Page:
Over the last seven years, the city has received increased attention from global startup organization, including Startup Weekend, run by TechStars, which held multiple events in the city since 2011. 

Startup workshop Lean Startup Machine has also run a number of events in the city, after holding its first three-day workshop back in 2013. Another notable is the Congreso Internacional de Innovación, Emprendimiento y Tecnologíawhich first came to the city 5 years ago.

In recent years additional support organizations have emerged in the city. Fernanda Hernandez, who had been a part of the Orion accelerator team, today is the head of Generador 30, a startup incubator created by the Universidad Autonoma de Chihuahua that offers a three-month incubation program offering seed funding, as well as mentorship.

Bani Carazco, a TEC alumni and long-term member of the Orion community, today runs the entrepreneurial and employment department of the Chihuahua Youth Institute, which looks to motivate young people to get more involved in technology projects while still in school. 

Additional local leaders in the city include Luis Ignacio Bustillo of Intelectix, Claudia Ortega of Tecnológico de Monterrey, Gilberto Elias of Competitive Intelligence for the State of Chihuahua, Luis Miguel Almanza, Carolina Puente Corral and Ulises Elias of Orion Startups, and Carlos Espino of Universidad Autonoma de Chihuahua.

Tec de Monterrey and Orion Startups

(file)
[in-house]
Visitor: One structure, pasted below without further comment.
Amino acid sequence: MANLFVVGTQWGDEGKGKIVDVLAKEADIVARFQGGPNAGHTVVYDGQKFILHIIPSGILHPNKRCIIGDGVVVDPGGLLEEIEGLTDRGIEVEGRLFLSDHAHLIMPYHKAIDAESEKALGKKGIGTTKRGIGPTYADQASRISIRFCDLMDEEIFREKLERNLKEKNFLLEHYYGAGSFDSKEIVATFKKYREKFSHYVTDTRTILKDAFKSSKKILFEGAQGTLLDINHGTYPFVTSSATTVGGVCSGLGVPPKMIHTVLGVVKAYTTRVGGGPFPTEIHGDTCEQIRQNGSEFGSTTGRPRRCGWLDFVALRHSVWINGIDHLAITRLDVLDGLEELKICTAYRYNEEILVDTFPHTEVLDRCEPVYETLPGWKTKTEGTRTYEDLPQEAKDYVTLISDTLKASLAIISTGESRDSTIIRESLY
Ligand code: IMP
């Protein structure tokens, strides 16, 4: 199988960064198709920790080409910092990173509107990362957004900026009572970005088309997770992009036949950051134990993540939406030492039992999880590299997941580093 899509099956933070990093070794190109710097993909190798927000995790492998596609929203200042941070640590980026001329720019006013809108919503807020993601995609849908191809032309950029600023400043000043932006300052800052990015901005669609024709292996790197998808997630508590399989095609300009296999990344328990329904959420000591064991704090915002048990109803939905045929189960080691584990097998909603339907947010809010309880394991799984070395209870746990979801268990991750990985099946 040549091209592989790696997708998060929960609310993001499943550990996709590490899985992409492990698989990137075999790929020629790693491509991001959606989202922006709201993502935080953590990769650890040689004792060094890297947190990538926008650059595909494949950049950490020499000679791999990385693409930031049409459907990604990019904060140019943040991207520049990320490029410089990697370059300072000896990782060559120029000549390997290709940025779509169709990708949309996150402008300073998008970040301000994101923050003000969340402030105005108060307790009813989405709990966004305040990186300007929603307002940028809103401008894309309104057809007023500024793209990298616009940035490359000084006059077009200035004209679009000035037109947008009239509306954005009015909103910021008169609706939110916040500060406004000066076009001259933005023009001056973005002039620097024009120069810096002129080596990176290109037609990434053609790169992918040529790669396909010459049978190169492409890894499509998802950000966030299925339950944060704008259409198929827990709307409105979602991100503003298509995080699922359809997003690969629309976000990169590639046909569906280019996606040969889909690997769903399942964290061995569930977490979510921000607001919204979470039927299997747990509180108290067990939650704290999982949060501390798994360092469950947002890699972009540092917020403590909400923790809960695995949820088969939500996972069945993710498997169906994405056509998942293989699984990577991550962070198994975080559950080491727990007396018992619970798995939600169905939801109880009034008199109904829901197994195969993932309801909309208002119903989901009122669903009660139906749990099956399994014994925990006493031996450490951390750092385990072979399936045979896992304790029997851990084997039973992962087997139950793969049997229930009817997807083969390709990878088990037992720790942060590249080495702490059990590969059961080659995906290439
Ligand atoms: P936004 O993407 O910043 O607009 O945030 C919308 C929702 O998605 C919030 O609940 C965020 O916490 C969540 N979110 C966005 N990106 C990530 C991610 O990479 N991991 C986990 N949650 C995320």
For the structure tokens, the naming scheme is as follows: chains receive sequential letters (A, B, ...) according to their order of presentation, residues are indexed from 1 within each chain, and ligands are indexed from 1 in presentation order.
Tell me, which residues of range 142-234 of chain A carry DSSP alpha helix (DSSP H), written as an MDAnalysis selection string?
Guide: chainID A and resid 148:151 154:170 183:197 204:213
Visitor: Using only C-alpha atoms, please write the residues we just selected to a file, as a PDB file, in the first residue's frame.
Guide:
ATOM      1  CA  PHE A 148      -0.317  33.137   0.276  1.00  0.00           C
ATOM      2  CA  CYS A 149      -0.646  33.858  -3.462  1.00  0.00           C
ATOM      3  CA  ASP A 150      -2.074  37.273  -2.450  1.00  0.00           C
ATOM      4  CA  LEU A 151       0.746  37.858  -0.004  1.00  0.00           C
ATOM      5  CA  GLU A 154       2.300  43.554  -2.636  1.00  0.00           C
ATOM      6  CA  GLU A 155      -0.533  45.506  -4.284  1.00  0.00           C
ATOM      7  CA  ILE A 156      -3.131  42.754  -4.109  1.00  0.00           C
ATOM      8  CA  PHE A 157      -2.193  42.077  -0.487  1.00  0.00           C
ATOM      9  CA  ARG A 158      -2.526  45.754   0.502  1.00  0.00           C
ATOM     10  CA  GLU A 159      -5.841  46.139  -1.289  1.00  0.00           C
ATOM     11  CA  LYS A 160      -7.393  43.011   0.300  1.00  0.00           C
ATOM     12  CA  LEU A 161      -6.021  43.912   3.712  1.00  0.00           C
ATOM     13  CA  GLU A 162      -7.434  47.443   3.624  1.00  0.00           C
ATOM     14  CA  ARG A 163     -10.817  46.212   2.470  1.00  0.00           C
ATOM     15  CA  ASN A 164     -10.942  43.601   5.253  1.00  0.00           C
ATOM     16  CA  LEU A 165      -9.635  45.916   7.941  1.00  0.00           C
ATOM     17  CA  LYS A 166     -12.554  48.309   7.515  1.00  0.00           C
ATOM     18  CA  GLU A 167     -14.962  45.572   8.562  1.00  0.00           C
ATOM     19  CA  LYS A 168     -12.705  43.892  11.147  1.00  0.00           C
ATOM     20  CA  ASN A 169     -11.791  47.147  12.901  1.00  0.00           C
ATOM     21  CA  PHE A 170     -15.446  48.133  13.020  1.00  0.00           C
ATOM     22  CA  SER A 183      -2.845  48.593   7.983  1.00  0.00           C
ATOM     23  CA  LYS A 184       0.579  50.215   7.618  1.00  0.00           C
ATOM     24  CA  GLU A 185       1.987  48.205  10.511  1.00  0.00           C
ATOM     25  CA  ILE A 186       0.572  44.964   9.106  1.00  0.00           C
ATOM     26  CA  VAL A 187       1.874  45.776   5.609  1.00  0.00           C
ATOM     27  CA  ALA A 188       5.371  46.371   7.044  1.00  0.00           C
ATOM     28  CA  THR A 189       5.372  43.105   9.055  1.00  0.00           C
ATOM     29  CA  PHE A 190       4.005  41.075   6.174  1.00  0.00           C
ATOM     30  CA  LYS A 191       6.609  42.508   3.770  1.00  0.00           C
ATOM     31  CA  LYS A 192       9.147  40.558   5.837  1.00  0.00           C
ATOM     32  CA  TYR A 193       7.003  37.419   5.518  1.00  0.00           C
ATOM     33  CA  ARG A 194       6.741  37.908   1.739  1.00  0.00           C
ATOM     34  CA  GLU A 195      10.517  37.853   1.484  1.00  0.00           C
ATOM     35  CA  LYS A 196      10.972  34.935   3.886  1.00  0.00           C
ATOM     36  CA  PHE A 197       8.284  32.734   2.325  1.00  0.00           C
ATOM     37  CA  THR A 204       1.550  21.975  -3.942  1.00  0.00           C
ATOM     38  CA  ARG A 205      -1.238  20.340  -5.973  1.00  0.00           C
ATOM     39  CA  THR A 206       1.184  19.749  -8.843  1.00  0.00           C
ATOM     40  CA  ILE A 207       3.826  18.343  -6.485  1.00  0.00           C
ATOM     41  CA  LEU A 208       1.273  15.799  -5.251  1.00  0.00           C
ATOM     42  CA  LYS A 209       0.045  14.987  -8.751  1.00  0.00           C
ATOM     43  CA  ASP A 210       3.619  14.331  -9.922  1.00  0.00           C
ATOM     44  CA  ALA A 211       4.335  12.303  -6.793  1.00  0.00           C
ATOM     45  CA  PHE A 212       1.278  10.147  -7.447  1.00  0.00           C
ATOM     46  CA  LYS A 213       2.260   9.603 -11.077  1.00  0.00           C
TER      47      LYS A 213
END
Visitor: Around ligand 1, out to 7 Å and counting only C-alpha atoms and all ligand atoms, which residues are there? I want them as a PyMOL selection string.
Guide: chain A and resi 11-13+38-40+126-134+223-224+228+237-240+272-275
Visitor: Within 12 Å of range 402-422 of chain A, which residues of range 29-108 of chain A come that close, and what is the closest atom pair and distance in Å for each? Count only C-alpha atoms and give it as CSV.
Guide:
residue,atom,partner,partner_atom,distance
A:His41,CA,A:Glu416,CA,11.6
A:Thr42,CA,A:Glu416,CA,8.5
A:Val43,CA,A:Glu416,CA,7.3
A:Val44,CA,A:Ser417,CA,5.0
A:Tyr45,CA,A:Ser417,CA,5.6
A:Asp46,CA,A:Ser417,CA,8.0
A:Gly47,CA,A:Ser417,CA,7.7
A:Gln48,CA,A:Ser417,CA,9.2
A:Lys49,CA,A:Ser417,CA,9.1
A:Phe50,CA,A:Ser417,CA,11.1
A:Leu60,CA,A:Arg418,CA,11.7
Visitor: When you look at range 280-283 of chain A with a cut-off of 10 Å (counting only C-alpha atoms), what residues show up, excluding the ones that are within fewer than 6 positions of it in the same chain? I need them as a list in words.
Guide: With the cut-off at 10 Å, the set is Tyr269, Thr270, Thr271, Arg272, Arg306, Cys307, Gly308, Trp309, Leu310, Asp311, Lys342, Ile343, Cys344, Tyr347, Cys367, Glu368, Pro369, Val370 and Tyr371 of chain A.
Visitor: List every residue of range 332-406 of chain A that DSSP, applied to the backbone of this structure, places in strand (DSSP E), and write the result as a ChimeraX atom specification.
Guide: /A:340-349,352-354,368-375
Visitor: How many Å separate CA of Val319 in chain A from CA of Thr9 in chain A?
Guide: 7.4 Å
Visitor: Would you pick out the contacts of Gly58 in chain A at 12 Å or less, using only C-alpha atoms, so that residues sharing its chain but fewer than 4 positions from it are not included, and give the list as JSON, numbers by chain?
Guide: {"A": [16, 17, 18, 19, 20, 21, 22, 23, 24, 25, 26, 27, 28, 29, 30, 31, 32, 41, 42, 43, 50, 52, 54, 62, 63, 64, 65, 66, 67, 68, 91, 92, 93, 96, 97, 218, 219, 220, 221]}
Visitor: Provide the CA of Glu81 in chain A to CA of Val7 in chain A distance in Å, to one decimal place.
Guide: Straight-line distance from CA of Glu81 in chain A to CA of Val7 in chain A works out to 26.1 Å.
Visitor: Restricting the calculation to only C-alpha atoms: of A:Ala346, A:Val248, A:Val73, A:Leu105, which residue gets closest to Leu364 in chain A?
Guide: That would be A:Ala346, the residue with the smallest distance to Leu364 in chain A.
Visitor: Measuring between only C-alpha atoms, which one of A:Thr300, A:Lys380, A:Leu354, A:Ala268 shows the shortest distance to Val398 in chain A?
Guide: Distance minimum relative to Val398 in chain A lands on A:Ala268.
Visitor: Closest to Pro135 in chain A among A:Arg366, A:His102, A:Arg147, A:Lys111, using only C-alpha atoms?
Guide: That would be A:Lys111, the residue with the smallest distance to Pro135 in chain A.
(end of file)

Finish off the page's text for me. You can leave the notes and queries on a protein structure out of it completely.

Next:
Traditionally if one looked at the growth of strong tech ecosystems, educational institutions have played an important role in not only the development of tech talent, but also in community building.

In Silicon Valley, Stanford University is widely recognized as having been instrumental in the growth of its ecosystem. In 1951 the Stanford Industrial Park was opened on the university campus and leased out facilities to early stage technology companies, such as Hewlett-Packard, General Electric, and Lockheed. In the 1950s, Stanford rolled out the Honors Cooperative Program, which allowed employees from technology companies based at the Research Park to pursue graduate degrees at the university.

Stanford University’s campus

Encouraging an active, cooperative relationship between alumni, professors, and technology companies has become core to the institution, and in recent years Stanford even introduced its own accelerator program StartX.